The coronavirus pandemic accelerated adoption of environmental, social, and governance (ESG), providing ballast for exchange traded funds like the FlexShares STOXX US ESG Impact Index Fund (CBOE: ESG) and the FlexShares STOXX Global ESG Impact Index Fund (CBOE: ESGG).
ESG seeks investment results that correspond generally to the price and yield performance, before fees and expenses, of the STOXX® USA ESG Impact Index. The underlying index is designed to reflect the performance of a selection of companies that, in aggregate, possess greater exposure to ESG characteristics relative to the STOXX® USA 900 Index, a float-adjusted market-capitalization weighted index of U.S.-incorporated companies. Under normal circumstances, the fund will invest at least 80% of its total assets in the securities of the underlying index.
While the pandemic provided an assist to ESG funds, the concept has long-lasting momentum.
“While the pandemic has negatively impacted some areas of the market, it has only accelerated the ESG trend. For one, it’s led to heightened emphasis on employee health and work-from-home policies,” according to FlexShares research. “Also, many have observed the environmental impact of quarantine and stay at home orders on air quality, bringing global emissions concerns to the forefront. And the pandemic has coincided with a broader societal emphasis on racial equity and renewed US commitment to green policy under the new Biden administration—both significant tailwinds for ESG strategy growth.”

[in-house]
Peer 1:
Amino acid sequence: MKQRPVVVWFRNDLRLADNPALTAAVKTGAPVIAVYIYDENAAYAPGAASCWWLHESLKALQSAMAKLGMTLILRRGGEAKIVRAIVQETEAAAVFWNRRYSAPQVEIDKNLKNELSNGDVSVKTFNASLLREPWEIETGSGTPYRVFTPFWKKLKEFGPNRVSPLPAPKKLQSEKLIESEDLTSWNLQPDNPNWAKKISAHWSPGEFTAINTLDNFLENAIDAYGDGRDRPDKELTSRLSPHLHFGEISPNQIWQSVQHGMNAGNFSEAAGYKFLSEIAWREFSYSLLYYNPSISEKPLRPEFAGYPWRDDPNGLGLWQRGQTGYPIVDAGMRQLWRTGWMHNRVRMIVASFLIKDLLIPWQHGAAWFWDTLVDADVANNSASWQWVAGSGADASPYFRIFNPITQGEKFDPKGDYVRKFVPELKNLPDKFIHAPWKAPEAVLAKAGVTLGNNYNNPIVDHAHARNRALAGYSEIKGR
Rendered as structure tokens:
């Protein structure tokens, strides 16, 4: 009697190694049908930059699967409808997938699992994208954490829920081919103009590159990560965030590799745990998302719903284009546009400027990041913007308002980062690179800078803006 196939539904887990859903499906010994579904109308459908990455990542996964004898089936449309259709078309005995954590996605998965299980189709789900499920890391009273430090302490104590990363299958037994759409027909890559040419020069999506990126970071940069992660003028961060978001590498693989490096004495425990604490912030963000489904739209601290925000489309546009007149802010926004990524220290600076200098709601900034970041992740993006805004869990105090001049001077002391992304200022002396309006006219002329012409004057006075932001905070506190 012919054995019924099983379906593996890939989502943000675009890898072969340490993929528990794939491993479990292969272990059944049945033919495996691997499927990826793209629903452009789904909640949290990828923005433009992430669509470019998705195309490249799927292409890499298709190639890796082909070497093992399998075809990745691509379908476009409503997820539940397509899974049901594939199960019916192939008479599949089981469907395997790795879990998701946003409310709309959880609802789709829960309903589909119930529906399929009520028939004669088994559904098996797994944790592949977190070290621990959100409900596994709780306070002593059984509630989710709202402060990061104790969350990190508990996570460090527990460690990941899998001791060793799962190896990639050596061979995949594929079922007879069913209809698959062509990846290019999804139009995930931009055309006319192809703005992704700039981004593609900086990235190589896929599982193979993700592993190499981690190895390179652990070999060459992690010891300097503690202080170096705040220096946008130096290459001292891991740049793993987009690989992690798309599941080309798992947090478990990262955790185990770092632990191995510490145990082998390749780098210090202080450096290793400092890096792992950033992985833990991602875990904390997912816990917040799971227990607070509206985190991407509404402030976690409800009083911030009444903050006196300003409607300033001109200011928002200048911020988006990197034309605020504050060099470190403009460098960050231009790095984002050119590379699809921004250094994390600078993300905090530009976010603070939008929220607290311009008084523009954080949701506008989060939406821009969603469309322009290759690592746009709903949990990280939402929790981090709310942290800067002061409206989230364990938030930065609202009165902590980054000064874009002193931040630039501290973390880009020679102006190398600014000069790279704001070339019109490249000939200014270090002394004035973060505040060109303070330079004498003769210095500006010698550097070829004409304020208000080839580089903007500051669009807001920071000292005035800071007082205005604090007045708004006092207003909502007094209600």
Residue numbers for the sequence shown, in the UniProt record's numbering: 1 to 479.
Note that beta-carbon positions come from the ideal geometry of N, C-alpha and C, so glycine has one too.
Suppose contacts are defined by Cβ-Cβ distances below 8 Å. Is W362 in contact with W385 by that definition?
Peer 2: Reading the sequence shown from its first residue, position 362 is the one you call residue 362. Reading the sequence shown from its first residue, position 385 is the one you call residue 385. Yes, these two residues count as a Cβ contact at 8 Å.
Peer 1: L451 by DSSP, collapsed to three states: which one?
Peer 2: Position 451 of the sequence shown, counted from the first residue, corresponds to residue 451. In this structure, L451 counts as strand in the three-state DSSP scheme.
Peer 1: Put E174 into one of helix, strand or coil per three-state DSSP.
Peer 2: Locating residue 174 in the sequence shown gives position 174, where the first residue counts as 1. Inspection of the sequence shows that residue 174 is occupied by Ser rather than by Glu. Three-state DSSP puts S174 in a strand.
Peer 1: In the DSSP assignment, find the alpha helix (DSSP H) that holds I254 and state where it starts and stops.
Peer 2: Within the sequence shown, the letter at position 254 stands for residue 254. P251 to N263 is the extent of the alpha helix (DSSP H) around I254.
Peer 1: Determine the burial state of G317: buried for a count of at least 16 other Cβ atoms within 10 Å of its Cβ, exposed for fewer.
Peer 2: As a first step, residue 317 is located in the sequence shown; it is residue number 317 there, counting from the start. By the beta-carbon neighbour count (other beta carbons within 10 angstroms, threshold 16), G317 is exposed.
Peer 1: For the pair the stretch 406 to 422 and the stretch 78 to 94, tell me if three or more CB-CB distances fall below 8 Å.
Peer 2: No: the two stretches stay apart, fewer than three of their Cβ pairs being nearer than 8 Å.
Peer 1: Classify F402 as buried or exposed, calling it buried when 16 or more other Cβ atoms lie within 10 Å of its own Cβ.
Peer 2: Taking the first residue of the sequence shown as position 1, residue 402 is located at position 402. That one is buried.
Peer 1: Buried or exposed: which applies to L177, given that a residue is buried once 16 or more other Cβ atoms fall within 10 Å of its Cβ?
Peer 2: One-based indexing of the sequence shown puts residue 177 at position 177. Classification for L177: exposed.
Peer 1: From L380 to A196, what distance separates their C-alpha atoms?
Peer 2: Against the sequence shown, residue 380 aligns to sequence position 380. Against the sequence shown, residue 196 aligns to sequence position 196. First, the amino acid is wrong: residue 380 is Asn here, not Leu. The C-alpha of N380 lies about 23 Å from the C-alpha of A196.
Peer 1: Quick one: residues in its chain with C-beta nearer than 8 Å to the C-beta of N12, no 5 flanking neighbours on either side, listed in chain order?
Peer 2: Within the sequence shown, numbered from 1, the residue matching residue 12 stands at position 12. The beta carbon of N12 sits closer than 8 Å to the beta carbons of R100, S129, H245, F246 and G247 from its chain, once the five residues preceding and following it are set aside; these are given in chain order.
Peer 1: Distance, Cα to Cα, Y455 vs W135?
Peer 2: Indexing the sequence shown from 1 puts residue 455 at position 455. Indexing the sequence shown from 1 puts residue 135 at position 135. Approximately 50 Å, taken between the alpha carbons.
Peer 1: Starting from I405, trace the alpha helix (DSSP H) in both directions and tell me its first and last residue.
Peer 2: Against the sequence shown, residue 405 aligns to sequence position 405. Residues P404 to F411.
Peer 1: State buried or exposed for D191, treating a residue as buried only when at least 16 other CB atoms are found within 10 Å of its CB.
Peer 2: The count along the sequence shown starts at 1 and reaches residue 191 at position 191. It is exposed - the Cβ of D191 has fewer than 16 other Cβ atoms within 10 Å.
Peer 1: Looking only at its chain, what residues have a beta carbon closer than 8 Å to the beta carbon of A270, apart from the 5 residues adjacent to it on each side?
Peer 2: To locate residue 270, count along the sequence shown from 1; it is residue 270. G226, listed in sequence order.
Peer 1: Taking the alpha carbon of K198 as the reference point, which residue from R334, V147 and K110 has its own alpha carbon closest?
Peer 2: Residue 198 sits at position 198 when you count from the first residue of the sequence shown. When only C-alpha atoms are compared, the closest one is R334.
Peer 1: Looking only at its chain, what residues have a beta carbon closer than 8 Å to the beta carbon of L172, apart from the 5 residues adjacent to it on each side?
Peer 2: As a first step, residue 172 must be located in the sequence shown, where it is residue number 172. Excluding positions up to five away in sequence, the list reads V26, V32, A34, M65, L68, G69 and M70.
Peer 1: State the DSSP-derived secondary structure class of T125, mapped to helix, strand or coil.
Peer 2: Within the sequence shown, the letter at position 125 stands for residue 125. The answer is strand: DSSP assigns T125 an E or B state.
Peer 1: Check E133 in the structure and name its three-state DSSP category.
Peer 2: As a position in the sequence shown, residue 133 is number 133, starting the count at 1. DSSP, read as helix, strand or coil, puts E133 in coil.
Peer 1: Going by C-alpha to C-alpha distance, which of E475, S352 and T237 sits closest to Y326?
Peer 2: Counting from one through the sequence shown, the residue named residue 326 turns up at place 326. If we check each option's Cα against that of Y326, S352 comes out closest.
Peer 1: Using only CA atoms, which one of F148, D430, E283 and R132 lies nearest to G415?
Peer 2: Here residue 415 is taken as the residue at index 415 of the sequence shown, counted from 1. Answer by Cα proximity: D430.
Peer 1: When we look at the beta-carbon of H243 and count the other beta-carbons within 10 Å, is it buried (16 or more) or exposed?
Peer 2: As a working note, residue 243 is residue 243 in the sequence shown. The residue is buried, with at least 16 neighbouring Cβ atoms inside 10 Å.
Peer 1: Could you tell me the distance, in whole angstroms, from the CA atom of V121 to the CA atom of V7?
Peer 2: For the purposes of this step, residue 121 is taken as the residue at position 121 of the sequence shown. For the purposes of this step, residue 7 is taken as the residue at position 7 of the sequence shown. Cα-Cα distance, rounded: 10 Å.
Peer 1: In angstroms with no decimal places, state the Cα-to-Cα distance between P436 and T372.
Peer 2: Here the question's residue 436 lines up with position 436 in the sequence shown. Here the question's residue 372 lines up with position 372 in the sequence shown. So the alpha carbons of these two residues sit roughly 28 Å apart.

The Start of Something Substantial?
Embracing ESG principles to enhance long-term value has become a strategic goal for both businesses and investors.
“The growth of ESG is evident in recent fund flows. ESG funds brought in record flows of $20.6 billion in 2019 and shattered yet another record in 2020 with $51 billion in inflows. Looking ahead, experts are projecting ESG assets to reach more than one third of global assets under management in 2025,” notes FlexShares.
As interest in ESG investing gains in popularity, naysayers and skeptics are coming out of the woodwork, but that shouldn’t deter investors with a sustainable investing mindset.
Practices like greenwashing are deplorable and critics have been quick to accuse fund strategies of only giving off the semblance of acting in the good faith. Nevertheless, committed ESG asset managers who are acting in the best interest of investors will continue to play an essential role in tackling key global challenges we face today.
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The opinions and forecasts expressed herein are solely those of Tom Lydon, and may not actually come to pass. Information on this site should not be used or construed as an offer to sell, a solicitation of an offer to buy, or a recommendation for any product.